In verse 29 the disciples notice that the light is fading for it’s about to be night; and remember of course back then there were no streetlights; so, it was going to be dark, pitch-black outside minus the moon and the stars. And so, almost instinctively, it’s like they knew that this was their last chance to be with him, and so they “urged” him, demanding of him, “stay with us.” Stay with us. And that he did, for a moment.

But just as they find it, it’s gone (which is another great Radiohead lyric btw, from their song, originally called Big Ideas). For just as Jesus comes inside and breaks bread with them, he’s gone. He literally poofs right before them. Disappears in a second, when their backs were turned, as he ascends back to God. And almost immediately, they are hit with that regret, saying: “Were not our hearts burning within us while he was still here with us (Luke 24:32)?” Which is like them asking, why didn’t we know it when we saw it? Why didn’t we appreciate it while we had it? Why were we quibbling and focused on everything else, instead of him?

You see, even for the disciples, that old proverb rang true, the one where you don’t fully realize what you have until it’s gone… “Were our hearts not burning within us?”

The other day I was watching this documentary on Netflix. Now, I love documentaries. And, I mostly enjoy Netflix. But, I really enjoyed and loved Bob Ross, who this documentary was about. Maybe some of you have seen it already; but if you haven’t and don’t know who I’m talking about: Bob Ross was that artist on TV, on PBS, around 3pm in the afternoon, in the 90’s. That guy with the afro and the tight blue collared shirt, and the soothing quiet voice, and those happy little trees.

Anyway, the documentary deals mostly with his show, The Joy of Painting, and the falling out that he experienced near the end with his business partners and television producers before he died at too young an age, in his early 50’s, from cancer. It’s all quite sad, actually… I highly recommend it. I like sad things; I find beauty in them.

So the moment that really got me was when they had his son on there, who spoke in an almost equally melodic voice, talking about how he regretted not fully appreciating the lessons his father tried to teach him; or how much his dad just wanted to do right by him; and how if he could go back and reclaim time, he would have spent more days with his pop; and cherish the moments he had with him before they were gone.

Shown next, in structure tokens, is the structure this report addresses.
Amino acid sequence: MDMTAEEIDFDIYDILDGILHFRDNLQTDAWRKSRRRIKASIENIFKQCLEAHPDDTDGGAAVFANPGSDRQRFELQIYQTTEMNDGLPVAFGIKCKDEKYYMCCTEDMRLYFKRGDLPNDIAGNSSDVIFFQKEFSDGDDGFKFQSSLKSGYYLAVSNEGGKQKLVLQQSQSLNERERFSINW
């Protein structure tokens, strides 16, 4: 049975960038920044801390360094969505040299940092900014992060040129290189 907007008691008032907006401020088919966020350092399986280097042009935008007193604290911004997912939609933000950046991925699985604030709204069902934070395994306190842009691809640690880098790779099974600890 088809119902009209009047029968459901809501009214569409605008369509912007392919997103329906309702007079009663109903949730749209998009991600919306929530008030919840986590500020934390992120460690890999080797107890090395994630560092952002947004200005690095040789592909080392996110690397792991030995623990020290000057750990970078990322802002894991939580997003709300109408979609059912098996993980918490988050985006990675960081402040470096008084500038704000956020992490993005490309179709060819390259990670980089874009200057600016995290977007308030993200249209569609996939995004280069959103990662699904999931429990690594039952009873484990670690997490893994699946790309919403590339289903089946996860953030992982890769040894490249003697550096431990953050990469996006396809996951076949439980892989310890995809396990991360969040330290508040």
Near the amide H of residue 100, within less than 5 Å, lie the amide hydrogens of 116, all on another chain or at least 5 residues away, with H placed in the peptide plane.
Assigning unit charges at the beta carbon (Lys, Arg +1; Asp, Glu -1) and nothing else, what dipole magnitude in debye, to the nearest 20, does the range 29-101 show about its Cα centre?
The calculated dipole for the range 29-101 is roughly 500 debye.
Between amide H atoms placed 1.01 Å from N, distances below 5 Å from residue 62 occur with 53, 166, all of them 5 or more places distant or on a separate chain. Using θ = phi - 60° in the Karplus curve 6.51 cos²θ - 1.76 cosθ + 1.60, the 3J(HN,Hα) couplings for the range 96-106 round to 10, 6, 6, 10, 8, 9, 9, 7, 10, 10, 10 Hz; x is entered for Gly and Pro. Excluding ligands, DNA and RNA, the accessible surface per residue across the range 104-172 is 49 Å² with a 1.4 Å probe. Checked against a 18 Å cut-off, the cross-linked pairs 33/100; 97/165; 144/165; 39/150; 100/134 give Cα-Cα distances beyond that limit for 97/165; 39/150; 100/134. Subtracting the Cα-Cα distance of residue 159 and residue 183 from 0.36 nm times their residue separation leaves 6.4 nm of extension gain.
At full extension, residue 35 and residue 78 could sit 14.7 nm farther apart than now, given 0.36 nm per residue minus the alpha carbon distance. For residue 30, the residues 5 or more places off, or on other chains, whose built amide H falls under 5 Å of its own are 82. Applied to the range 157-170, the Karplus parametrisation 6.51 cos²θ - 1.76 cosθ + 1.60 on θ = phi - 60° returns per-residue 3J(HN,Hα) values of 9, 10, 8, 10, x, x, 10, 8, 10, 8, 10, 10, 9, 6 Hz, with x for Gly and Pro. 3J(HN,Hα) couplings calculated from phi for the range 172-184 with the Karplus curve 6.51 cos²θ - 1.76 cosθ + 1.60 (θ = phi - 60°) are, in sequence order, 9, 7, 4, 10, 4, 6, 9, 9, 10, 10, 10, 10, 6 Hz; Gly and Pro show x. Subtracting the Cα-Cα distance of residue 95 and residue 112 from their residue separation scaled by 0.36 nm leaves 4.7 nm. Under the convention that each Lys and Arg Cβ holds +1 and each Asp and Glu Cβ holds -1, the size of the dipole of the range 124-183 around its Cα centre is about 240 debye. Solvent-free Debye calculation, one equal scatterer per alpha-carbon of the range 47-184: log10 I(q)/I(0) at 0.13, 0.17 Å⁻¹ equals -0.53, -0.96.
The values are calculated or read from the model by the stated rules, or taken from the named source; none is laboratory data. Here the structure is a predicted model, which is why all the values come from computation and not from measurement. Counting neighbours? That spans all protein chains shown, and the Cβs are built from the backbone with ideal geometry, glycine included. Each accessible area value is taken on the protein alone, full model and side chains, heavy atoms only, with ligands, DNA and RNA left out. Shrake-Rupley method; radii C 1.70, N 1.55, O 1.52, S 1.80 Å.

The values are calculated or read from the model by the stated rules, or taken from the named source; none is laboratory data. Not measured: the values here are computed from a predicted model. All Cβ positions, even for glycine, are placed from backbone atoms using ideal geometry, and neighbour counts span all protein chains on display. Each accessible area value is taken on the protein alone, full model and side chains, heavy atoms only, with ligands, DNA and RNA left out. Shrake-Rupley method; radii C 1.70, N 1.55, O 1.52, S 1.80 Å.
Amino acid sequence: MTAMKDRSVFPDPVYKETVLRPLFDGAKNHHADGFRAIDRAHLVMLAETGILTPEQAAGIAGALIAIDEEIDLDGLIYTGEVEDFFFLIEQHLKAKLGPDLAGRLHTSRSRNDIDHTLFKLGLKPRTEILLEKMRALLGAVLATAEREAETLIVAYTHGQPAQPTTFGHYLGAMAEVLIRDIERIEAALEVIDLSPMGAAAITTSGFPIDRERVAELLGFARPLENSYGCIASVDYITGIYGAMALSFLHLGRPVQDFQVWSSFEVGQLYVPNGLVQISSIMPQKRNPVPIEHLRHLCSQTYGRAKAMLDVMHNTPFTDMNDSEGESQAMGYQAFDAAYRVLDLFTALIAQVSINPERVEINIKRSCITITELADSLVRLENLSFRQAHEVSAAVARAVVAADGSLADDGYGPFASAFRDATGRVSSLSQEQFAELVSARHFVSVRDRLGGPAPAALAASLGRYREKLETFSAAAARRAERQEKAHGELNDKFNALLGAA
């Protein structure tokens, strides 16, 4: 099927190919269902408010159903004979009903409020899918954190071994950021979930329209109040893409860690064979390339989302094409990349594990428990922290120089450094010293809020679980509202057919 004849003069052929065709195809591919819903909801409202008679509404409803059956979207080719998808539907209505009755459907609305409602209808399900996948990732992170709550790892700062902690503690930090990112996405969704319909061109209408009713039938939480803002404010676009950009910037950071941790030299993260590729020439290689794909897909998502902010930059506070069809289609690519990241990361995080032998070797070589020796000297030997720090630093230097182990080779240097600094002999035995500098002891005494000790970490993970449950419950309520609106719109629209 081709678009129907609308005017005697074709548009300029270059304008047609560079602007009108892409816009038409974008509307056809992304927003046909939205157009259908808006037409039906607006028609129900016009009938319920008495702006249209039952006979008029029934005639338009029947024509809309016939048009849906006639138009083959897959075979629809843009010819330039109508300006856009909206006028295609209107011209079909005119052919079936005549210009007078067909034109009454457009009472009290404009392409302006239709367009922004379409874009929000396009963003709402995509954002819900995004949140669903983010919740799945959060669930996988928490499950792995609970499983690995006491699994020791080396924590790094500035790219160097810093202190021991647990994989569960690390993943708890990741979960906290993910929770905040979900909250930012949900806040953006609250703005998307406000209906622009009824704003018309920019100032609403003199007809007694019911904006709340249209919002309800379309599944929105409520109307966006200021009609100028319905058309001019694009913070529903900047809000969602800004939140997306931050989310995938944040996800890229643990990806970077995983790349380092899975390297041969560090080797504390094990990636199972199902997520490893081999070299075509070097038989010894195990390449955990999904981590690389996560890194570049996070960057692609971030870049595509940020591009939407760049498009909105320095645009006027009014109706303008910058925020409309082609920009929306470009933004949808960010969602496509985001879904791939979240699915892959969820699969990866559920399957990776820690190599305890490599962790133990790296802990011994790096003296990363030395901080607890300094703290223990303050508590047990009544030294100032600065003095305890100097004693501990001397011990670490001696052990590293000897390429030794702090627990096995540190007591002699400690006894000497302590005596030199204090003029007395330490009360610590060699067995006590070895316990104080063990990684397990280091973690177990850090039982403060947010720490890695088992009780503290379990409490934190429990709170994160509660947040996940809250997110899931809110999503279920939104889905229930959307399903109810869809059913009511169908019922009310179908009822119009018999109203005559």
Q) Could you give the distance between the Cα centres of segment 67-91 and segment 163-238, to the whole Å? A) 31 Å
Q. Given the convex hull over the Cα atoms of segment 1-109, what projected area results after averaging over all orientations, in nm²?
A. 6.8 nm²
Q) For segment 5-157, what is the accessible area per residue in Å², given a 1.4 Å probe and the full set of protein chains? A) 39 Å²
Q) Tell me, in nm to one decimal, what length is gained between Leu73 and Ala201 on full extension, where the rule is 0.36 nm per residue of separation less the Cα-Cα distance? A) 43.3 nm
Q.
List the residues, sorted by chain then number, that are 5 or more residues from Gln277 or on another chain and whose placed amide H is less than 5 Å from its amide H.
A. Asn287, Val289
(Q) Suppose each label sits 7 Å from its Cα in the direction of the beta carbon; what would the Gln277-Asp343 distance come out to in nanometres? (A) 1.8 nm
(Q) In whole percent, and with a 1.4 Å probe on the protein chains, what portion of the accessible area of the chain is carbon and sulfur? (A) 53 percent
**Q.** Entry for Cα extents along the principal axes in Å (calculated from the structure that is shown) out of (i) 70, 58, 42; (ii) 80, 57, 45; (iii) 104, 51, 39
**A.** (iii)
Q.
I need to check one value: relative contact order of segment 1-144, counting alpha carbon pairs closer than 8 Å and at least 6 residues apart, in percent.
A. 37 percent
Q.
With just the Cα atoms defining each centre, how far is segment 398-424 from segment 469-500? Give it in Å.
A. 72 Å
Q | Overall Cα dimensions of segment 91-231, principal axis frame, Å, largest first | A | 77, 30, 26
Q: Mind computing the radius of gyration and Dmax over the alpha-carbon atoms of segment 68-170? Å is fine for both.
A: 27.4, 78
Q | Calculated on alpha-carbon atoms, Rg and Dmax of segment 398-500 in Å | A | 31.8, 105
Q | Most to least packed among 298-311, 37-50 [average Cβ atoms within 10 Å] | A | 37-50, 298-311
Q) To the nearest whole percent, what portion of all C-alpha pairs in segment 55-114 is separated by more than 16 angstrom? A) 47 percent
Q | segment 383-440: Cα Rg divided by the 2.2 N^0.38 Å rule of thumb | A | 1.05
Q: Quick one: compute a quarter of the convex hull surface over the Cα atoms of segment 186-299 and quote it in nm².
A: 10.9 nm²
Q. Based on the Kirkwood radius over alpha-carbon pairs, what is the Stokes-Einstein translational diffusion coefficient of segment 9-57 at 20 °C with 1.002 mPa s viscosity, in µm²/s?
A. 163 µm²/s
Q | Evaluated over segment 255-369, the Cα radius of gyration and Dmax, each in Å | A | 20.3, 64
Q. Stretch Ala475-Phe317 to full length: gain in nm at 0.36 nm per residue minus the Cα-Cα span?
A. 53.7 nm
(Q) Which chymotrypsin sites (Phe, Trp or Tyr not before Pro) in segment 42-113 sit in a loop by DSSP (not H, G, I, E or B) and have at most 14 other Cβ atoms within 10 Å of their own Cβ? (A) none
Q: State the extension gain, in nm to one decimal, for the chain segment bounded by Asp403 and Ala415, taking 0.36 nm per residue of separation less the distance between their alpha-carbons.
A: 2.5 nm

You could almost hear him asking then, just like I’m sure many of us have asked in our own lives, “why wasn’t my heart burning while he was still living? Why didn’t I stay just a bit later that night? Or stick around just a bit longer that morning? Why did I take it for granted, and not appreciate all those moments more?

Stay with me. Stay with us.

Friends, the cliches, as we get older, are mostly all true; and really, life does move pretty fast, and if we don’t stop and look around once in a while, we will miss it. So, let us today then, with some degree of urgency, agree to live in the moment. To be present here so that we don’t get all swept up in the distractions and busyness and let these days pass us by. For one day we will likely walk into an overgrown field, or into an empty living room; and remember, and wish that we could just go back.

And so, just because this campaign is over, don’t leave us immediately. Don’t go all poof and just disappear, so that I’m left all alone in here with Valerie saying, Buehler, Buehler? But stay with us. Yes, even in the summer when you all ascend and go onto wherever, stay with us. Stay with us on our livestream, keep up with us on our Happenings, tell others about what’s going on here, and then come back with renewed energy and enthusiasm for us, for this place. Because this place is special. And the Word here, in church, is life-giving. And so, let us dwell in both. Especially in these times of spiritual scarcity, doubt and uncertainty, and mainline church decline.

For even though our capital project has been geared to secure our future and extend our days together, we yet shouldn’t take them for granted. For if these covid-years have taught us anything, one day they could be gone in the molecule of a moment.

So, stick around, my friends, get involved, stay positive, and appreciate what we got; especially while the getting is good, and the Spirit is here burning brightly within.